Skip to main content

It’s worth beginning your plan to net zero

Newsroom | Content partnership

Decarbonisation is daunting, no matter how you look at it. However, two new Deloitte reports look at how we can transform our economies in our pathway to net zero

The original article was written by Anna Verboeket, Newsoom

Climate change need not be a story of economic doom and gloom. There’s significant upside in getting New Zealand’s response to environmental threats right. Decarbonisation could be a new economic engine if there’s a coordinated, early approach, led by the financial services sector.

This is the guidance from two new Deloitte reports, which estimate that as much as US$1.6 trillion could accrue to Australia and New Zealand by 2070 if we can keep emissions to 1.5C or lower.

Deloitte NZ Partner Grant Frear says the analysis is refreshing.

“We often stare into the abyss of the losses ... and we see can a pathway to net zero, but very rarely do we look on the other side, to see the businesses, roles, skills and technology which can be created.”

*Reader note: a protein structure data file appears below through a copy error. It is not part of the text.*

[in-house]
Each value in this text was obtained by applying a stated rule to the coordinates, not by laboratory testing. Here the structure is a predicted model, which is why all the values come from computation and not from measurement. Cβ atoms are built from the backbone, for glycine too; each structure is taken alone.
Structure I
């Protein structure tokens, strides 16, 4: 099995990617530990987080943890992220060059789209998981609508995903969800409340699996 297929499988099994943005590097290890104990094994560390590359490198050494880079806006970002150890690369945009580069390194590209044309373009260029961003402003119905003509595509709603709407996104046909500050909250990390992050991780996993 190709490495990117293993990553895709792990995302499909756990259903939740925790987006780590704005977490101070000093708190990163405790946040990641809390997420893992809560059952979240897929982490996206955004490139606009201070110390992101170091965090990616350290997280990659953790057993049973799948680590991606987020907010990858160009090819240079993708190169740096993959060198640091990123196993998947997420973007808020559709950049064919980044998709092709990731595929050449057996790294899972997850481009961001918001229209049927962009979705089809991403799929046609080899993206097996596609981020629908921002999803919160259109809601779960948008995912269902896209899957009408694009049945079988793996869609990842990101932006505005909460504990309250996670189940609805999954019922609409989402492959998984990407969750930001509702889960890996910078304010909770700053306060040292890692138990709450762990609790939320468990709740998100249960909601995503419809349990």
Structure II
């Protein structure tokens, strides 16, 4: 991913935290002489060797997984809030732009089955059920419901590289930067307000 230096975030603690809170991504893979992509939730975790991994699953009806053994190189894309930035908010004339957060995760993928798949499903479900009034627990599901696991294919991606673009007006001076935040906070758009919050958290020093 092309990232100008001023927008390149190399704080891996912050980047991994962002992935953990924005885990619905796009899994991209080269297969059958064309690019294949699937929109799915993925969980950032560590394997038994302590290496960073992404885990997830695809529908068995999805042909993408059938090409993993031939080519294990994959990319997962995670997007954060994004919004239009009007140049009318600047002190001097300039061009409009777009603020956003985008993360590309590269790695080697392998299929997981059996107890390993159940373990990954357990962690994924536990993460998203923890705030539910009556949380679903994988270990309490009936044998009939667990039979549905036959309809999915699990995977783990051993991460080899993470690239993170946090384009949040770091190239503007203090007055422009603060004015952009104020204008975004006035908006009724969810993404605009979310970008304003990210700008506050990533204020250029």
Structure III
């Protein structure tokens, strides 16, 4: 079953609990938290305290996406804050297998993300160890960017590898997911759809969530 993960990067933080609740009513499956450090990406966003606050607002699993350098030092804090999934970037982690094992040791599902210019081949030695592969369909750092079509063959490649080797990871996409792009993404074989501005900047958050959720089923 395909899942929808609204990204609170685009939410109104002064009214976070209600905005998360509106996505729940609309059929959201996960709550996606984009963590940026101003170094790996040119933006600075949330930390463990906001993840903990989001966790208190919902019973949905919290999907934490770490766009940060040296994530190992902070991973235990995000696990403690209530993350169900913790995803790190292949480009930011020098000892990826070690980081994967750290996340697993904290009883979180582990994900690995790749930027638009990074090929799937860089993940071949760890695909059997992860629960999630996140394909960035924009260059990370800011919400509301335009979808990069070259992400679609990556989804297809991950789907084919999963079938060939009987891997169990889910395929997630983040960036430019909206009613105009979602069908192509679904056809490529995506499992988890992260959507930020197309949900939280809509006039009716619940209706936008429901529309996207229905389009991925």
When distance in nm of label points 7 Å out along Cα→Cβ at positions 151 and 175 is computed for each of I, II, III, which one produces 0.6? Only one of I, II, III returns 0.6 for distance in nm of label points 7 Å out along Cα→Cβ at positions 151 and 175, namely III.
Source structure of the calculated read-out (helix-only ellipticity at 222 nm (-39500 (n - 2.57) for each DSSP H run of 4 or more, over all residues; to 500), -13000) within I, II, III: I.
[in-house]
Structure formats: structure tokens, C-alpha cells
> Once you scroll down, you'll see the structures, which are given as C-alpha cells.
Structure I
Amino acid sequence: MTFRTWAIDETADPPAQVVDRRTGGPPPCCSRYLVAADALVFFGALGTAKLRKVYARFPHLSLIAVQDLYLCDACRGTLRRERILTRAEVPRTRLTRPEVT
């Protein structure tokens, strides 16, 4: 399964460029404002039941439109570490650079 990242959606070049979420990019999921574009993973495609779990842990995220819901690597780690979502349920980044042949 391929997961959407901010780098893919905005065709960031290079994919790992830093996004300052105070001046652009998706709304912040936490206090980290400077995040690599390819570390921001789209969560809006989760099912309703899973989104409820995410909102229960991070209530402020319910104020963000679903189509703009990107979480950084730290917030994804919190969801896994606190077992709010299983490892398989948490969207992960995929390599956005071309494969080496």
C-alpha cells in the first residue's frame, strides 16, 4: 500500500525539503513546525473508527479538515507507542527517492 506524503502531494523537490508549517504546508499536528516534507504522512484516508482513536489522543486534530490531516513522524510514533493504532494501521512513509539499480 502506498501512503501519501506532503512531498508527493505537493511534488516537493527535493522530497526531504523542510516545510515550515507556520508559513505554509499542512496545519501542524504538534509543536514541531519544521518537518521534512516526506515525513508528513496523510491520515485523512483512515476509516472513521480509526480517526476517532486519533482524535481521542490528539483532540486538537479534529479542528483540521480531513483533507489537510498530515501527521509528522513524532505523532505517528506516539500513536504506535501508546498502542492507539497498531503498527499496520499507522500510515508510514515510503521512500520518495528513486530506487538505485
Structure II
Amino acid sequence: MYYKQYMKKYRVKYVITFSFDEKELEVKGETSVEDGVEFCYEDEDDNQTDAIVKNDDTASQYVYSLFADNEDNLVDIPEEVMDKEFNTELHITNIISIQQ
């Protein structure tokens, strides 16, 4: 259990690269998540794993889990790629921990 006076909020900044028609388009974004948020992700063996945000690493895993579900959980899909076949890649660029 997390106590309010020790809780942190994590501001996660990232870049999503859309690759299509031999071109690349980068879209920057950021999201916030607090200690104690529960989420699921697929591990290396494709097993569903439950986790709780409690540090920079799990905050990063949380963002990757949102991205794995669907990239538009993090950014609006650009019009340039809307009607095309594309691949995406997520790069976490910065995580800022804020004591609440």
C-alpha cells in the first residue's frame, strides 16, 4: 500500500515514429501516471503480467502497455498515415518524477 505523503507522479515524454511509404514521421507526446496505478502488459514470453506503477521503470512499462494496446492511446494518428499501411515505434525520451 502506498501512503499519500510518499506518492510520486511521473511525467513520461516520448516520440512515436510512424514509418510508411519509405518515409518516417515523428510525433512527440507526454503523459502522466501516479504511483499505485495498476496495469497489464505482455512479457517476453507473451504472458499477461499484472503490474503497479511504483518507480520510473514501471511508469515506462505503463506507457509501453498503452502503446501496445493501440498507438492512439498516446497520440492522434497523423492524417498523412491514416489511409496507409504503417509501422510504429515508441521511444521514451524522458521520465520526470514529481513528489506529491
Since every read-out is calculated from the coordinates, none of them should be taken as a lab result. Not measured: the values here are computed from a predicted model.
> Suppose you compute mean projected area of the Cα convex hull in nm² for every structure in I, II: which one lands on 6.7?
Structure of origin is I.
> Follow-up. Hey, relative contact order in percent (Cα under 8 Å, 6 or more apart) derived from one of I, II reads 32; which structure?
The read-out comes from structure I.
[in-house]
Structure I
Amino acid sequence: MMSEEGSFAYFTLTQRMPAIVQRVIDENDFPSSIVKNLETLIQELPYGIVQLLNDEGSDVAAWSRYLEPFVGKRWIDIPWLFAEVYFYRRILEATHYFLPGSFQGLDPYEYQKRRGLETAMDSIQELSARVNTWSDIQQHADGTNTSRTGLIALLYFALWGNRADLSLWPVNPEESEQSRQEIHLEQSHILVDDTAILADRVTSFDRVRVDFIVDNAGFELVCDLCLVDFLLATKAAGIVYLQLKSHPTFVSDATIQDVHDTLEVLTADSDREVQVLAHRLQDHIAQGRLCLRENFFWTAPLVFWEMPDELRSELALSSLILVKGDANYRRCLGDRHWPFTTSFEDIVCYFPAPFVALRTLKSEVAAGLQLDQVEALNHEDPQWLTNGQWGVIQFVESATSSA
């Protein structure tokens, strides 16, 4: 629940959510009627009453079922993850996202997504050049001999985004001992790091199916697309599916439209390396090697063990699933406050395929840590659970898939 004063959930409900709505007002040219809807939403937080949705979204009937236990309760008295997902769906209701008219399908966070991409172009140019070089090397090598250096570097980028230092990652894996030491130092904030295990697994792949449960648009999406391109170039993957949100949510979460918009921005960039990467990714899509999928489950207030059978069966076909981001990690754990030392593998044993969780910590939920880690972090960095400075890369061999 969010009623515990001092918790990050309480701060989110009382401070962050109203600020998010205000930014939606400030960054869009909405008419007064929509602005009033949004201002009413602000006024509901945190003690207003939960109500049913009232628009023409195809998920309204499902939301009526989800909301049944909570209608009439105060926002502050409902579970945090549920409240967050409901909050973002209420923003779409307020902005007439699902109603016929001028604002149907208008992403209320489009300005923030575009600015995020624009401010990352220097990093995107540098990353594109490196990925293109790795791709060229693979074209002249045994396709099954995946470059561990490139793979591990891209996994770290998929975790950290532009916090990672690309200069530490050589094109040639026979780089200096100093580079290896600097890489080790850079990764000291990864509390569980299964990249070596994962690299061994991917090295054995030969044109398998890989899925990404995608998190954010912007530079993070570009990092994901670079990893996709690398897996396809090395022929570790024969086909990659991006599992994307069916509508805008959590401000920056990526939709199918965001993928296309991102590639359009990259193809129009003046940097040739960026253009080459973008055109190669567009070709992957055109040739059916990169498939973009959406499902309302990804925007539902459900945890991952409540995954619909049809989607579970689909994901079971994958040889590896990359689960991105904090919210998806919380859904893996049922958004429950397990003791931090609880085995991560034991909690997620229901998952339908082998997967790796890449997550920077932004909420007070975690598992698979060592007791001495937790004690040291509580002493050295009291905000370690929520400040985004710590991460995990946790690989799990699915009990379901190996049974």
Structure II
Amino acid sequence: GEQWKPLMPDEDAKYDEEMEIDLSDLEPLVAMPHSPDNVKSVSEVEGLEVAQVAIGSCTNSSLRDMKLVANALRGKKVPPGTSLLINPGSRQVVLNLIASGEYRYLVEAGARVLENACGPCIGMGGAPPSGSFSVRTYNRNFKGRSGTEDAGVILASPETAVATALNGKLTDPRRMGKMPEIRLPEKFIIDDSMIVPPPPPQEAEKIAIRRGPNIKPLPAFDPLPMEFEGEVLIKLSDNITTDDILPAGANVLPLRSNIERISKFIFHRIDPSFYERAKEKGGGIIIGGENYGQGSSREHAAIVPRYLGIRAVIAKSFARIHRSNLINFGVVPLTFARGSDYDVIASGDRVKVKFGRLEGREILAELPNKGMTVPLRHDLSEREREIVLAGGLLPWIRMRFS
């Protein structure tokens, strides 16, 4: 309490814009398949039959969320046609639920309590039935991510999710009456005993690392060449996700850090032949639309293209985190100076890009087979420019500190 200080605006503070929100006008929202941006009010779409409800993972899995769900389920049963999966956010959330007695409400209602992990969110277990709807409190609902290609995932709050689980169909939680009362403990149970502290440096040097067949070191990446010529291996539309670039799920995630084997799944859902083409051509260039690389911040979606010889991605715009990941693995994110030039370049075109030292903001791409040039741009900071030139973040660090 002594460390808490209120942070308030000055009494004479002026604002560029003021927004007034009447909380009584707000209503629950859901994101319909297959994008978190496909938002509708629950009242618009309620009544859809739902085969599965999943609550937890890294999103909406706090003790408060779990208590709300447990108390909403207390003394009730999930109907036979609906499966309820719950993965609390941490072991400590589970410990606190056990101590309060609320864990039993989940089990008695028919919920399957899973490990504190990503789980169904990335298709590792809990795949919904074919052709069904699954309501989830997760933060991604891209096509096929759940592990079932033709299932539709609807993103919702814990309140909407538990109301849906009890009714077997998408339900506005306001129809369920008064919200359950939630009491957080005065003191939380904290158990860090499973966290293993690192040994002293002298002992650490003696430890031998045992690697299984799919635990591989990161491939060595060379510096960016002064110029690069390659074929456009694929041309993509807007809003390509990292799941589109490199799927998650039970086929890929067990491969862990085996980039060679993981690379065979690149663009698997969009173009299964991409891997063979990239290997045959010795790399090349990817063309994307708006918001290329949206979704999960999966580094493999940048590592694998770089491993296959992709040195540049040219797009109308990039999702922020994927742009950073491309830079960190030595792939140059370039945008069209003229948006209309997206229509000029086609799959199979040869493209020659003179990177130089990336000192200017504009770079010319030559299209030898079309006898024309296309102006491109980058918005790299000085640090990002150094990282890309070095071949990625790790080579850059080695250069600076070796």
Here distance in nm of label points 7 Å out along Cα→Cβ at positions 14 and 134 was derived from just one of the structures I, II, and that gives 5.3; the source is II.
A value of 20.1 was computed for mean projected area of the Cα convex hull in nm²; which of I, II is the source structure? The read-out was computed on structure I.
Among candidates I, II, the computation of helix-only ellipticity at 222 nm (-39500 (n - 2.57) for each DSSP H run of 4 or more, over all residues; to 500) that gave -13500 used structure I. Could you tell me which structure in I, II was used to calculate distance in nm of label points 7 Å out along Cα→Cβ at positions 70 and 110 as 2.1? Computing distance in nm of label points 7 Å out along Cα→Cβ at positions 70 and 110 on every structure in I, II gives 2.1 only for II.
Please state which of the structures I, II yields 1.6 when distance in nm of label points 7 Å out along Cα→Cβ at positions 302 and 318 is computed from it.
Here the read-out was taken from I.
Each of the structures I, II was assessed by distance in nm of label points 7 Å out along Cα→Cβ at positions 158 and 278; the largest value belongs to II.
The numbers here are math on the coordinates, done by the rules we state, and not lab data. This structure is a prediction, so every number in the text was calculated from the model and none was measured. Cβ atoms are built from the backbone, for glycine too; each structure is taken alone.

The reports, All Systems Go from Deloitte’s Australian Access Economics Group and Turning Point from the Asia Pacific team, are clear. Doing nothing is not an option, we have to transform our economies. In APAC, the response is the difference between a US$47 trillion economic gain for the region by 2070, versus a US$96 trillion loss (in NPV terms).

Deloitte NZ Climate and Sustainability director Rikki Stancich articulates the opportunity.

“If we do nothing, the cost in social, planetary, and economic terms is phenomenal, but if we take early, decisive and bold action, there will be enormous benefits for the region.”